“I stayed with Verint because I had the opportunity to build up a public company compliance department, including a top-down revamp of the code of conduct, the anticorruption program, SEC regulatory compliance as well as the corporate wide training,” she says. “I learned a lot more about executive business process and procedures and how to achieve business and compliance goals in parallel.“
Paige was also involved in a lot of import-export compliance work – requiring familiarity with denied party screening and global sanctions. “Knowing who the company is doing business with and where its products/services are destined, is critical – and constantly changing. The penalties for noncompliance are quite steep,” she says.
Working extensively with the board of directors taught Paige a lot about business issues to watch out for and also how to earn trust from senior executives. She was also able to educate the board on how to spot compliance issues. “Any successful company will eventually reach the point where corporate governance becomes one of the most important issues to consider,” says Paige.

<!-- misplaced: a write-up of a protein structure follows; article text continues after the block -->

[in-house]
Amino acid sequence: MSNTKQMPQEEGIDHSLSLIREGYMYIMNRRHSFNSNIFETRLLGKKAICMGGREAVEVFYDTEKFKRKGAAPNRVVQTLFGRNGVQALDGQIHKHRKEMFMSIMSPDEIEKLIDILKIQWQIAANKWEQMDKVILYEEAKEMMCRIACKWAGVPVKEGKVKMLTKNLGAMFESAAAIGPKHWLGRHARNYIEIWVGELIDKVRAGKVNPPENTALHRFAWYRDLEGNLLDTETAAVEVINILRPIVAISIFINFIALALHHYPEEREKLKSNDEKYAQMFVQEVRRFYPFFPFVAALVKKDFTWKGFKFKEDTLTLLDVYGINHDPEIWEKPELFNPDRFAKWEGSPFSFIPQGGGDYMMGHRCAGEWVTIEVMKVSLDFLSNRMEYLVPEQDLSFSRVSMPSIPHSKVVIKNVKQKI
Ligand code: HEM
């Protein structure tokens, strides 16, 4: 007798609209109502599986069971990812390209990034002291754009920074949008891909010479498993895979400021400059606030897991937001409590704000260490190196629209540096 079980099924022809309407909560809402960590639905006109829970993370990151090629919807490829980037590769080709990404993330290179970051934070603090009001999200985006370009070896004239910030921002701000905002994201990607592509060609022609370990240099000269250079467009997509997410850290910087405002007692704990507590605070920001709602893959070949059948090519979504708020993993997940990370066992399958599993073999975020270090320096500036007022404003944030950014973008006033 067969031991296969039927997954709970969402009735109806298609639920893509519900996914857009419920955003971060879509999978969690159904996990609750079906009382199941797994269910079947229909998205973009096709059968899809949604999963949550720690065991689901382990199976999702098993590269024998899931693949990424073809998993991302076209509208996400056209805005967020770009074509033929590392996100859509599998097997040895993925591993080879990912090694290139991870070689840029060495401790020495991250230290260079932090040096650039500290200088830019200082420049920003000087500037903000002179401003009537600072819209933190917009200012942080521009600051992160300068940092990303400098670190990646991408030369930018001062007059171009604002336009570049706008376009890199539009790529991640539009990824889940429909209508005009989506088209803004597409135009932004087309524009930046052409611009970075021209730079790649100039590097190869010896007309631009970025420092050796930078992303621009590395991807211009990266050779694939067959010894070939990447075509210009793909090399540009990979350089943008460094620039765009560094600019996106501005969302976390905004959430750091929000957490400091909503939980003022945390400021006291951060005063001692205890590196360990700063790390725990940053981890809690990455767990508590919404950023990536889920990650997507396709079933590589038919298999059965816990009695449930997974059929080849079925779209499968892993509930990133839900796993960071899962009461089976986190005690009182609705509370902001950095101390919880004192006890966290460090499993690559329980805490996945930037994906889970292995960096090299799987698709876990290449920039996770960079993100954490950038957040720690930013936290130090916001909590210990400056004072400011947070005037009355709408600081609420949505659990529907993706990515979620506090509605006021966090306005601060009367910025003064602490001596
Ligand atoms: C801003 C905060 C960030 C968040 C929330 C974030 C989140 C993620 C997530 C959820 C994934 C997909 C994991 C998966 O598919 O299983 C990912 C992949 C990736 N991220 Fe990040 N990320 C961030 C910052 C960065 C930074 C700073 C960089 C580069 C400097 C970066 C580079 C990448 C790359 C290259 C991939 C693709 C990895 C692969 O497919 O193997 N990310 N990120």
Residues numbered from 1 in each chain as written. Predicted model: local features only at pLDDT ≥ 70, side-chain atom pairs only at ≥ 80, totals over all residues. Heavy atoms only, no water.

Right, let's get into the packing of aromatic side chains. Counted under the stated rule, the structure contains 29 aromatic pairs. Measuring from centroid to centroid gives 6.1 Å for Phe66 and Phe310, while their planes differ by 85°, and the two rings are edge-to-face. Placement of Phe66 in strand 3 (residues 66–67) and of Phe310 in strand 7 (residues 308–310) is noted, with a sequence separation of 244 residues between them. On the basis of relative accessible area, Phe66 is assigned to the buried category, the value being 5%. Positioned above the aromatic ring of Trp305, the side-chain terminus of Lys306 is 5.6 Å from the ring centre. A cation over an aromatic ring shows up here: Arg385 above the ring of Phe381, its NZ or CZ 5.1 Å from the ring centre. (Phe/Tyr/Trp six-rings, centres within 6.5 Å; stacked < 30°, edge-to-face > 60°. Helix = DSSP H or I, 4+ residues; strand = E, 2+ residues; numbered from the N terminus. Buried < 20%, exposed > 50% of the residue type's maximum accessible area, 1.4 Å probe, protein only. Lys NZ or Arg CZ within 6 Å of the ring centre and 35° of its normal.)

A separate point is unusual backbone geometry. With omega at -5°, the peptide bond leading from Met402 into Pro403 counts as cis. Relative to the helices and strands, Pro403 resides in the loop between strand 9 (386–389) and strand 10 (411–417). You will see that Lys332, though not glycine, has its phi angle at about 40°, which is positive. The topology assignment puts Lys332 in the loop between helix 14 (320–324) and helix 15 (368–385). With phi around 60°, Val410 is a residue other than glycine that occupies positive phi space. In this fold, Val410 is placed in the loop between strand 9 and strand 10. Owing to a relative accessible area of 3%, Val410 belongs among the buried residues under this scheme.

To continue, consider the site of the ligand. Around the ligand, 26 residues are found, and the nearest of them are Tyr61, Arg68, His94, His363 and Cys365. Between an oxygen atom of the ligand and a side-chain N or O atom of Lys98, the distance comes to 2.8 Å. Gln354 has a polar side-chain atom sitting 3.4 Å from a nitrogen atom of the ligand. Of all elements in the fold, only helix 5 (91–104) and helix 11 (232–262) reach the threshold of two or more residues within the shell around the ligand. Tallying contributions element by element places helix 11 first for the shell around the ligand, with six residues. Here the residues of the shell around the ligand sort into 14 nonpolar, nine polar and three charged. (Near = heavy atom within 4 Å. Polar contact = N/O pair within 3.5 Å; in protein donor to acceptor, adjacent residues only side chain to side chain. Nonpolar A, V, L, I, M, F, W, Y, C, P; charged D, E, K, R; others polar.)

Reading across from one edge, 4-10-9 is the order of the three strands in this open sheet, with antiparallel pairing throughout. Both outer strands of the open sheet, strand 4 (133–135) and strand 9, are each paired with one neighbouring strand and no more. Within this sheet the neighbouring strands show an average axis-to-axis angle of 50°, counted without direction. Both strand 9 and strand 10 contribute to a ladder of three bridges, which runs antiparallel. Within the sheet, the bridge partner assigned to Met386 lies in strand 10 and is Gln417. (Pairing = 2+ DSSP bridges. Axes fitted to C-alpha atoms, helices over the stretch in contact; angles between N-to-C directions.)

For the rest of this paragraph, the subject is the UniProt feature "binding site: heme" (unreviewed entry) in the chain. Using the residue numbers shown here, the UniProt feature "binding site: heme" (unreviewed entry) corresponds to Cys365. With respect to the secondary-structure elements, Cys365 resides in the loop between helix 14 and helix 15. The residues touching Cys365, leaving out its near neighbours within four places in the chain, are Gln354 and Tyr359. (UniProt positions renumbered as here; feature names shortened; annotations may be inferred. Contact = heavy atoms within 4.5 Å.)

As Verint shifted to a remote working focus, Paige decided that she wanted to work with a company that was more closely connected to home. “I joined Zep in 2021 because I wanted to have a firmer connection to Atlanta and also an in person working relationship with company leadership.” 85 year old Zep, with its long history in Atlanta, fit the bill. “Although it wasn’t a family business anymore, it was (and is) still a top Atlanta brand” she says. It didn’t hurt that the chemical cleaning products company’s products were in high demand during the pandemic, with strong sales for new solutions and products especially geared toward making public places safer environments.